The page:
One of last week’s questions on Ten on Tuesday was “what I was proud about my country”. I stumbled a bit at this question, because generally we are not raised to be proud of our country.
Another thing that really caught me off guard, was the sheer coincidence of this question. It could have been asked at any week of the year, but it made its way to ToT the week before one of Germany’s most important holidays: October 3. The day we celebrate the reunification of “both” Germanys – East and West.
A look on history
Of course, you all know the story about how Germany was divided into 4 parts after WW2, governed by Britain, France, the US and Russia and how we ended up being divided into the German Federal Republic (made of the British, French and American sector) and the German Democratic Repubilc (made of the Russian sector). It was also the beginning of the Cold war that ended some 45 years later with the fall of the Berlin Wall on November 9, 1989.
Time to celebrate
This year marks the 20th birthday of our reunification. 20 years since the Berlin wall fell and with it the iron curtain dividing one people.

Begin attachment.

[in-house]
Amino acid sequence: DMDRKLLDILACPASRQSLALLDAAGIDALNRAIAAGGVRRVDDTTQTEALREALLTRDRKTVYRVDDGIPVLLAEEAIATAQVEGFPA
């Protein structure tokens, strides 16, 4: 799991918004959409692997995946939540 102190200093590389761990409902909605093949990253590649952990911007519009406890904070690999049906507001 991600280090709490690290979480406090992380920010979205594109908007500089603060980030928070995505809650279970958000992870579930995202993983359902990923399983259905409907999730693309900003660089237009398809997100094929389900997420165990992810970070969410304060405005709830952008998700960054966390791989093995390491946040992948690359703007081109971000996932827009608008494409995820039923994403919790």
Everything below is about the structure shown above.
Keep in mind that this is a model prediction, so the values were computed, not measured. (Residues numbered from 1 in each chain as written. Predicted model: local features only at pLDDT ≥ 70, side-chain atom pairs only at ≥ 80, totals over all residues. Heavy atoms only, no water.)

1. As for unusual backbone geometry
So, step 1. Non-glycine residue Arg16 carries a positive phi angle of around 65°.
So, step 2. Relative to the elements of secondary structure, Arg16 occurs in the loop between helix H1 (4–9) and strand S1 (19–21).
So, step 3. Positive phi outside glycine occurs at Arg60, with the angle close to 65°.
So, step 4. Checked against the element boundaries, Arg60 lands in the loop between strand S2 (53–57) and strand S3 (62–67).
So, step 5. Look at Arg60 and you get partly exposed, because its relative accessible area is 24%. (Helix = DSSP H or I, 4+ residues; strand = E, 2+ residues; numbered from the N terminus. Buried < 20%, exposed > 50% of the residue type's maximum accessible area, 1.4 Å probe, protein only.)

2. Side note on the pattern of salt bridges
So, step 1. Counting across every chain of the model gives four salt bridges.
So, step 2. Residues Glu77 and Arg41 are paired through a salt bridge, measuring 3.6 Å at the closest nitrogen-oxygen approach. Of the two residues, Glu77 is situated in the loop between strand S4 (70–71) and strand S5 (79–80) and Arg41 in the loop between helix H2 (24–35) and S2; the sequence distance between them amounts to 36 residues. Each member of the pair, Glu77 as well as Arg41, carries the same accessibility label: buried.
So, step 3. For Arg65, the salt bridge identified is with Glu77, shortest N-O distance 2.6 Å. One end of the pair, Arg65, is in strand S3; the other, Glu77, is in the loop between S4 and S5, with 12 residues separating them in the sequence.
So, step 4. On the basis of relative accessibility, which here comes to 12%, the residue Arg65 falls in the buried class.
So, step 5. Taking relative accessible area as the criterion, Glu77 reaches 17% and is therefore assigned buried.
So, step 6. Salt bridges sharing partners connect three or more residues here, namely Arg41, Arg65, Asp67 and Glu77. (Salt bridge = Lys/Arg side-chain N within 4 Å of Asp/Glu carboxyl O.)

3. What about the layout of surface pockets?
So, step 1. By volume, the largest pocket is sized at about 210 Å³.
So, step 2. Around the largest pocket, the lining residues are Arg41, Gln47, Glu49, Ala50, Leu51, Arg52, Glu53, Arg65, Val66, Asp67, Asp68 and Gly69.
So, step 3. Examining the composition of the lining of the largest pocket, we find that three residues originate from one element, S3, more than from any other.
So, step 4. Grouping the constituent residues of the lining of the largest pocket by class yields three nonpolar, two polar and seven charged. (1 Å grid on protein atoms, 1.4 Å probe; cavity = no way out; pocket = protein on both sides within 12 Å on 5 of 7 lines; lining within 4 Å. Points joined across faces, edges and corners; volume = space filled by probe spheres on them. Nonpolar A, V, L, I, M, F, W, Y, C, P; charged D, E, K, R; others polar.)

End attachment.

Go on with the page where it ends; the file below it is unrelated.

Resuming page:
But are we feeling celebratory? No, not really.
Are we proud of our country? Uhm. Big question.
Our everyday life and feelings are mixed, I’d say. Like most countries, we’re facing the consequences of the last economic crisis and find ourselves in the middle of budget cuts, reforms and strike. We are still facing some “leftover ghosts” from the former regime in Eastern Germany, like high unemployment rates in some areas.
But we should be hopeful.
In the last 60 or so years, our country, as in our grandparents, parents and ourselves, have done our best to overcome our dark past and built a democracy from scratch. From being a “feared enemy” to a stable nation that can be relied on within the community of states. We’re fighting together with former enemies against new threats, like terrorism.
If you asked me to describe my home country, I’d say that we’re a very multi-cultural society. We have one of the best educational systems enabling everyone to pursue the career he or she wants. We have only minor immigration issues. Our crime rates are incredibly low.
So, why aren’t we proud? I don’t know. Perhaps we are, but we’re unconscious about it. Or we’d like to be proud, but are afraid of what other nations will think. Considering our history and what we’ve grown up with I suppose it’s a mixture of both. I hope that one day soon, we’ll find a compromise and say:
“We’re proud of what our country has become in these last 60 years!”
Wouldn’t our celebrating 20 years of unity be a great moment to start?